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Am I really an athlete?

The term “athlete” is one that is being used a lot in derby at the moment. I guess in part to ensure that our sport is taken seriously and not dismissed as a bunch of girls in fishnets throwing elbows. But also possibly as a way of pushing those skaters that are in this sport to take themselves more seriously.

Personally being called an athlete makes me nervous. To me an athlete is someone that gets up at 6am every day to hit the gym or run up a mountain. When I think of athletes, I think of Suzy HotRod’s daily workout routine or Beretta Lynch’s road racing past.

Then there’s me. I hate mornings with a passion. Get out of my warm bed to go work out at 6am? A thousand wild horses couldn’t drag me there. I don’t know the first thing about lifting weights and I am still working on getting to 10 real pushups without my puny little arms giving out. I was never particularly sporty in school, I think the highlight was making the C level netball team, once. Oh and did I mention that the mere thought of running makes me come out in a cold sweat.

Now don’t get me wrong, I am not sitting on my butt eating chips all day and I will jump at the chance to go snowshoeing up a vertical slope, but to me exercise is about having fun and being healthy. That’s why I love derby – it’s fun, always changing and constantly challenging.

But if I am truly honest with myself, I am never going to have a guns like Suzy or come anywhere close to Lynch’s gorgeous thighs. I don’t have the discipline or the time (self employment has it’s perks, but lots of free time is not one of them!)

And that’s OK. Because there are other ways that I can bring a little bit of the athlete into my life.

1) Eating like an athlete: Changing up simple things in my diet like switching to whole grains, eating super foods like quinoa and consuming less bacon (sad face) and more lean protein like fish (mmm salmon). Consulting dietary experts like Beretta Lynch about what foods to eat pre, during and post workout. Oh and no energy drinks – ever.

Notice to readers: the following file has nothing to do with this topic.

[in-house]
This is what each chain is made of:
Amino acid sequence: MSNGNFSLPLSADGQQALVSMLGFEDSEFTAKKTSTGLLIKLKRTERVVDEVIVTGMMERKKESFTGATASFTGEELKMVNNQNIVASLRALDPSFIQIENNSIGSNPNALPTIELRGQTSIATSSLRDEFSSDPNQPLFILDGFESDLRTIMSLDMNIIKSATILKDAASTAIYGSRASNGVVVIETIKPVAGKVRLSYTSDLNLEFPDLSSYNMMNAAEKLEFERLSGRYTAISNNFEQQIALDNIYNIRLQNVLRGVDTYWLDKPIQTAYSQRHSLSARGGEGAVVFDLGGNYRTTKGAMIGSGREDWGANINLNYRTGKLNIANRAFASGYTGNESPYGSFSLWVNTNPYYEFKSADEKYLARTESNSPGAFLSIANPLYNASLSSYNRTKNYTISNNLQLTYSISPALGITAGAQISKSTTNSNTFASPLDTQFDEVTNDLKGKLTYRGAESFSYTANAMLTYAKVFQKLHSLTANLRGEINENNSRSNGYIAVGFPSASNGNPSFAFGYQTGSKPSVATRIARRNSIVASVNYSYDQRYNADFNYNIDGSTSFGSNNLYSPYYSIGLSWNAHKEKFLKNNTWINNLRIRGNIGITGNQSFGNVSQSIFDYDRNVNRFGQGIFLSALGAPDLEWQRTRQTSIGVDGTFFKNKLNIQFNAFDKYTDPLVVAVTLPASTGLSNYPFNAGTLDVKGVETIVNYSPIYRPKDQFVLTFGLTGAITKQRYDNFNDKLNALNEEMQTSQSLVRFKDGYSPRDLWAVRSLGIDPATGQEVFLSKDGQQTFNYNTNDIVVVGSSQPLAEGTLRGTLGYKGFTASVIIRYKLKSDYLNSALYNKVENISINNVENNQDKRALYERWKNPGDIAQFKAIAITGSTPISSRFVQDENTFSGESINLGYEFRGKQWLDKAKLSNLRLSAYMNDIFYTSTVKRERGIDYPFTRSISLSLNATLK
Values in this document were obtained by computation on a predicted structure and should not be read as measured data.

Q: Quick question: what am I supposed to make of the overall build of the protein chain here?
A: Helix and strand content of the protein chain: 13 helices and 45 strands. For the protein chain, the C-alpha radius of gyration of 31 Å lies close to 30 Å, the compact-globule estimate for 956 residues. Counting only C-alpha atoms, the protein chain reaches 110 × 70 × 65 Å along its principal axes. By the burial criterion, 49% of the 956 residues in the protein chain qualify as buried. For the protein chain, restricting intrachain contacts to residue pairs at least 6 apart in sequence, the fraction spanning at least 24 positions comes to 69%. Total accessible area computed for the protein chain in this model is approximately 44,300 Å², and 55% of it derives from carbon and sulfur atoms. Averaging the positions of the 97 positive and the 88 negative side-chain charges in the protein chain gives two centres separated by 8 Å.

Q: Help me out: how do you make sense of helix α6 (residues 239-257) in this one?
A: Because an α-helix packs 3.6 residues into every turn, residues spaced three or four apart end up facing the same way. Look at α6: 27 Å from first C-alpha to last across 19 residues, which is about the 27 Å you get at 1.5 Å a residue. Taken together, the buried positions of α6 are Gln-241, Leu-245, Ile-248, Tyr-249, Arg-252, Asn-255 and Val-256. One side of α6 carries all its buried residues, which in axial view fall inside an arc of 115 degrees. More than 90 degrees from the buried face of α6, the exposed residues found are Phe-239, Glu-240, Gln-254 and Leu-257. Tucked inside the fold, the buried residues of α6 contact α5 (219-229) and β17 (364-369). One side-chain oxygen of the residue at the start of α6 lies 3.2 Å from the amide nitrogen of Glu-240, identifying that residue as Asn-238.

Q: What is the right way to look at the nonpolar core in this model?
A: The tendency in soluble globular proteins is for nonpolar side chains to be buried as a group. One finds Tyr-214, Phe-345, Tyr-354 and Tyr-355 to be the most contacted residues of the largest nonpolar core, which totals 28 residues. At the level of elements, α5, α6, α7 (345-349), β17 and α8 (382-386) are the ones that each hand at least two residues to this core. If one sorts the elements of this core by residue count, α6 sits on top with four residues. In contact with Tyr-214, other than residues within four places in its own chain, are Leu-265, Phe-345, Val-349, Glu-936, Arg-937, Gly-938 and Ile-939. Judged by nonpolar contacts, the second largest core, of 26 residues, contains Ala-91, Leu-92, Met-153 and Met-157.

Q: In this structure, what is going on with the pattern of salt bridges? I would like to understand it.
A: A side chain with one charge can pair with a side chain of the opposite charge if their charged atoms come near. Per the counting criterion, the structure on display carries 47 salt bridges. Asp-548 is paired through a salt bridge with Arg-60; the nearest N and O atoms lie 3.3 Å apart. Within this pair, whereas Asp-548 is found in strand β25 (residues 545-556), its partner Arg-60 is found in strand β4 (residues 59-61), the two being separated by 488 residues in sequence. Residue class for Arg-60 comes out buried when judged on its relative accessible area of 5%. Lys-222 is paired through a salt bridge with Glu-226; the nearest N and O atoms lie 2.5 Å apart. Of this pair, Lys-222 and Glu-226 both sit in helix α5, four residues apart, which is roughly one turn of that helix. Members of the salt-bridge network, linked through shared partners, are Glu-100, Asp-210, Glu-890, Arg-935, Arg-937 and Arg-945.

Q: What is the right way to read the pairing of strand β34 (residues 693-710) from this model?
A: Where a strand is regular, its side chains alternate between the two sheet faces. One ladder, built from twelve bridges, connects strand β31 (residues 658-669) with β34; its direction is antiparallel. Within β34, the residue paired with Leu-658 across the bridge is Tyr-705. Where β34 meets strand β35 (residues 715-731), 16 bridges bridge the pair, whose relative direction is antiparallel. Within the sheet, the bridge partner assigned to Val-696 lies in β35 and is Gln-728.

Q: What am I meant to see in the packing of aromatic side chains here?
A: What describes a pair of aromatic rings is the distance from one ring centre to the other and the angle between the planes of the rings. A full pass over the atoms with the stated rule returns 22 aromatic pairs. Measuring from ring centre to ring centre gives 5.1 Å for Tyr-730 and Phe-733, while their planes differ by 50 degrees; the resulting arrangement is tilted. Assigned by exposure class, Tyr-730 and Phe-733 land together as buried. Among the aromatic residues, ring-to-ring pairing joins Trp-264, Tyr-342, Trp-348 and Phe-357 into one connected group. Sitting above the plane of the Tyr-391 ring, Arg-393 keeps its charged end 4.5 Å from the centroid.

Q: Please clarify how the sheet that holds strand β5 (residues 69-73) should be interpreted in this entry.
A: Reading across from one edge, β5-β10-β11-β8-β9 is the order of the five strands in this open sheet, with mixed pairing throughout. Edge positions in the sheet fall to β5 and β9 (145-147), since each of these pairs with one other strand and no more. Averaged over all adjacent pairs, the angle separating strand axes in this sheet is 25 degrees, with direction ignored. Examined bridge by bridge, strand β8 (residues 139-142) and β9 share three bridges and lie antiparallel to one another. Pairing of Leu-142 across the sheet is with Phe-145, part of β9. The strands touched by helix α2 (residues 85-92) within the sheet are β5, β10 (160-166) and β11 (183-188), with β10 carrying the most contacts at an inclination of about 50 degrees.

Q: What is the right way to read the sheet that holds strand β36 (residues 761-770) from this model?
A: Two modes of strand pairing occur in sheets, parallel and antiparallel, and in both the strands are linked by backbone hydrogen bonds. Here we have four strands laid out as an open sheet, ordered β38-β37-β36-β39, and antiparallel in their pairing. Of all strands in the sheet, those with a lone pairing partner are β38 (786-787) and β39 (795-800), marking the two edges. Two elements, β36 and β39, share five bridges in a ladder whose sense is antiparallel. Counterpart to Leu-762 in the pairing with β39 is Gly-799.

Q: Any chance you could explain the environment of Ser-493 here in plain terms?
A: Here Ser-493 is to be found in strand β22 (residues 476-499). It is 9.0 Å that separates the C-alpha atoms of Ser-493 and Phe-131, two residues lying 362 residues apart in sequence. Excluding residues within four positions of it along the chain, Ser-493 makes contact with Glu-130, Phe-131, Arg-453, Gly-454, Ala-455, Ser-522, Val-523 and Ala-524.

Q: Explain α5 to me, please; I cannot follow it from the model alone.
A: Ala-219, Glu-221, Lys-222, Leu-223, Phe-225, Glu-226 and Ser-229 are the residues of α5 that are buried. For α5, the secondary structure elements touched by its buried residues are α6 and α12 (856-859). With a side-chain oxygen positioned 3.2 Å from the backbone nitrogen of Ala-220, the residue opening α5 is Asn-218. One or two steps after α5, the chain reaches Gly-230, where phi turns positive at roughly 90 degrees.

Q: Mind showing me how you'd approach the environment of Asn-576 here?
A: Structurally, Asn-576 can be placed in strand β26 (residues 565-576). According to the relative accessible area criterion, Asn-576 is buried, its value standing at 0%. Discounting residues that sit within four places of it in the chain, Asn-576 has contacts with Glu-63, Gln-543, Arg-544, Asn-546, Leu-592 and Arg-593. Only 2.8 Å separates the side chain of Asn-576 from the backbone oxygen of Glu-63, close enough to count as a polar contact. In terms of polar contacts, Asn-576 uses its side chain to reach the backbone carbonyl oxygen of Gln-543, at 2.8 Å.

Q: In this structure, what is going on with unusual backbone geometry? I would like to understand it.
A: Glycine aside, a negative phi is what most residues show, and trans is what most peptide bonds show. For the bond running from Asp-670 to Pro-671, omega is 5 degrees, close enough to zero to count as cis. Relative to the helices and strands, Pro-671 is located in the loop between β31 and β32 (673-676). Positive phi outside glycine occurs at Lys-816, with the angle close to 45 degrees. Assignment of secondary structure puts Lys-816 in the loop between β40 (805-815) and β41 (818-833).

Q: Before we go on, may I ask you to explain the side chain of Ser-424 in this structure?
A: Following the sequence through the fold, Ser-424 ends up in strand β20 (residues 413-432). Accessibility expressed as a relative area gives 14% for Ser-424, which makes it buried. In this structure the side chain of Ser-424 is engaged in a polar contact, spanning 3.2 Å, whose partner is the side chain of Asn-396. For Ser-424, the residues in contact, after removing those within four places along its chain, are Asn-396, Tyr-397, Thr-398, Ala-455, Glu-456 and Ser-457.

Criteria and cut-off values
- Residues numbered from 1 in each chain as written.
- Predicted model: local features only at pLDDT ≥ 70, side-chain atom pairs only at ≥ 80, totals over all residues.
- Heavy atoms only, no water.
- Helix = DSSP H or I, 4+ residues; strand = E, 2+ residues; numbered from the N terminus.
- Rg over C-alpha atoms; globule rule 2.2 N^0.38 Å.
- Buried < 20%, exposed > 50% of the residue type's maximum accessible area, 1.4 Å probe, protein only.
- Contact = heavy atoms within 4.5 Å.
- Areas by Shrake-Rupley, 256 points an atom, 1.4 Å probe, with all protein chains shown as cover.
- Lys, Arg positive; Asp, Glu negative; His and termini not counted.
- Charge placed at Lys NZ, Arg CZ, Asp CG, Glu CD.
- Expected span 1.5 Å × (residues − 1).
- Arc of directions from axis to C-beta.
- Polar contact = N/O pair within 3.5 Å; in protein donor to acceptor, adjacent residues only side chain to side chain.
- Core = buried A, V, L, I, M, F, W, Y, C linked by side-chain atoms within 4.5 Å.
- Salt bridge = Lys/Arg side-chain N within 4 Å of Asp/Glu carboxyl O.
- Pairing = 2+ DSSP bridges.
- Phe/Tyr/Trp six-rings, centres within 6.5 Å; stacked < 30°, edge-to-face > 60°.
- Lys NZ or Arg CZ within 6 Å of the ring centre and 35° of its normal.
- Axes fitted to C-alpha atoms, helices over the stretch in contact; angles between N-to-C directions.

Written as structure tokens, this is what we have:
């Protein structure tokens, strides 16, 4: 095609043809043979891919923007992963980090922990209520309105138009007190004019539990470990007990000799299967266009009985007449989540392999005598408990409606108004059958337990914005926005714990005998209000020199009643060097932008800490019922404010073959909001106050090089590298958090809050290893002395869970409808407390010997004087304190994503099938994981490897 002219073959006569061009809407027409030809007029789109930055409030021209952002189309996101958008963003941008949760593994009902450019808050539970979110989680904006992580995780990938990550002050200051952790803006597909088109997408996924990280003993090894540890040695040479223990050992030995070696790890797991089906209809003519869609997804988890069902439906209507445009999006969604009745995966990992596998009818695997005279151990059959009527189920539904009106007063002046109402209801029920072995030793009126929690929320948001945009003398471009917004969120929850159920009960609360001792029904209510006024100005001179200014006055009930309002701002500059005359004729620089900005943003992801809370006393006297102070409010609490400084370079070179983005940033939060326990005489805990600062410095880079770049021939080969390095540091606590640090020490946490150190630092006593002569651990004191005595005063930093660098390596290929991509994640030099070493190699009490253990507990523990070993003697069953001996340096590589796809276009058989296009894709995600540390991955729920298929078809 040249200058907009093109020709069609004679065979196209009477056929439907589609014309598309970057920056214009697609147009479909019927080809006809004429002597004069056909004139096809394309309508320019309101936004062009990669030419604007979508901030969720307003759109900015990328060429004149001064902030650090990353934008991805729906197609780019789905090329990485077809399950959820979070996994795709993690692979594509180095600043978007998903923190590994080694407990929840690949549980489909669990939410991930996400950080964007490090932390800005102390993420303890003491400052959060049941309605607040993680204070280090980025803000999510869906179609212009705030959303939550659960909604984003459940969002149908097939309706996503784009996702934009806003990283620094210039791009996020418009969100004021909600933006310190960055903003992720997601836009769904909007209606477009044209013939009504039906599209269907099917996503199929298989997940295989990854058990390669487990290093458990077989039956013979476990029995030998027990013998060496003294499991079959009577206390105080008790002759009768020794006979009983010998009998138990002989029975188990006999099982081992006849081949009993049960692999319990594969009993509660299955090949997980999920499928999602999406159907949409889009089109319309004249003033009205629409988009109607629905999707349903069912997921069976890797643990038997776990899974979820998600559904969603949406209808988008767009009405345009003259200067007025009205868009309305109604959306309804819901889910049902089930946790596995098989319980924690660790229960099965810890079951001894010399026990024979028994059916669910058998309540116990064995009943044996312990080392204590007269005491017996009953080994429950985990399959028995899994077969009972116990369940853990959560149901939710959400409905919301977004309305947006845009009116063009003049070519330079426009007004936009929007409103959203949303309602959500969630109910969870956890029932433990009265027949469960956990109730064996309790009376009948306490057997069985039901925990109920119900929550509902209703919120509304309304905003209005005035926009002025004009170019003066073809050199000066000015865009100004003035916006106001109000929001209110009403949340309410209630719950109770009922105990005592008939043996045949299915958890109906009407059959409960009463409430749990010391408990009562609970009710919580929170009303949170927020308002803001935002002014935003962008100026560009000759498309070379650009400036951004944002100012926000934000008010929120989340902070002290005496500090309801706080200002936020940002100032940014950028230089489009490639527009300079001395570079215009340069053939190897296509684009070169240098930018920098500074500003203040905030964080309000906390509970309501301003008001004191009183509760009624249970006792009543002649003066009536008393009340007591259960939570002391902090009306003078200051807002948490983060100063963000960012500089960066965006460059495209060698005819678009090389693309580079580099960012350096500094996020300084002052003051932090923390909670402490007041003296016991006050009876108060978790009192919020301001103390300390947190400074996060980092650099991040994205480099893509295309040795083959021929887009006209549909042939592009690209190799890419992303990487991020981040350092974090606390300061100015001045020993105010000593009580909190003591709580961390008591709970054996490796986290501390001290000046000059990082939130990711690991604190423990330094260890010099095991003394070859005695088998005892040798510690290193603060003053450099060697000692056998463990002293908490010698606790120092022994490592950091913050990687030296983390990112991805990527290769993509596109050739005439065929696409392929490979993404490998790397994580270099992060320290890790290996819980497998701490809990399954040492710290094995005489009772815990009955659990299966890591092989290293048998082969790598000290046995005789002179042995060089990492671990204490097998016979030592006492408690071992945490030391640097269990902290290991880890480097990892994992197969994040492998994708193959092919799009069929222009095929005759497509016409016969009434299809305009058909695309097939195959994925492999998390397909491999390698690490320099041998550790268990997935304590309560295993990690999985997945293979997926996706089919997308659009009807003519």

2) Looking after my body: I go to the public hot tub once a week. It may seem like an indulgence, but those 30 minutes spent working out my sore muscles on the jets keeps this derby body happy. And if I have any tweaks I see a physio right away and commit to doing the exercises (even if they are SO boring!)

3) Training like an athlete: Not just turning up to practice and going through the motions – making sure I commit 110% to each drill and set goals for my own skill development. Plus adding in cross training once a week in a way that is still fun and different eg. Insanity workouts, Spin classes.

4) Thinking like an athlete: I think this the most important thing that I have learnt about becoming more athletic – it’s all in your mind. 90% of our performance is based on our mental capacity, not our physical capacity. One of my favourite quotes is:

“An athlete is a person who can perform at the same high level regardless of whether they are having the best day of their year, or the worst day of their life.”

So when I turn up for a 9am WFTDA bout having had 3 hours sleep, with stomach cramps and work problems weighing on my mind that’s when I have a chance to show how truly “athletic” I am. Because my team needs me to perform at the top of my game, I push all those things to the back of my mind, I breathe deeply, focus on my skating goals and fall into the warm up routine as if this was just another scrimmage.

I may not be an athlete in the true sense of the word, but I am getting there.

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Encouraging others to be more healthy and athletic is something I am passionate about, and is one of the reasons I enjoy coaching derby so much. Helping others achieve their physical goals and find their own inner athlete is exciting and rewarding.

It’s why I am excited to announce the launch of Camp Pivotstar, a roller derby training company that offers bootcamps, league training, coach coaching and junior camps. I have teamed up with some of the most skilled and athletic skaters and coaches in Canada – 8Mean Wheeler, Beretta Lynch, Stan da Side and Coach Mack the Mouth. We have lots of exciting things planned for 2012 so keep an eye out for a Camp Pivotstar training session in your area.

Check out the facebook page here: http://www.facebook.com/CampPivotstar
Full website coming soon: www.camppivotstar.com
Want more info on training? Email us camppivotstar@gmail.com

This Post Has 3 Comments
  1. Nail on the head, Lulu, thanks for sharing! For me it is totally mental (and some physical hold backs that are coming along!!!) and I credit Chia Grr’vara with getting my mind wrapped around it. I also credit Brendan Brazier for saying, “I wasn’t pushing myself, I was letting myself go”. I find letting my body go so hard, but watching it take care of itself athletically is kind of exciting. XO

  2. So, yah, Lynch may have fantastic legs, but last time I checked, yours aren’t too shabby either!!! Thanks for this. It really made me think about where I fit in on my own athletic scale and, although I’m not the die hard I used to be all the way up to my mid 30s, I’m decided I’m okay with where I am now too!

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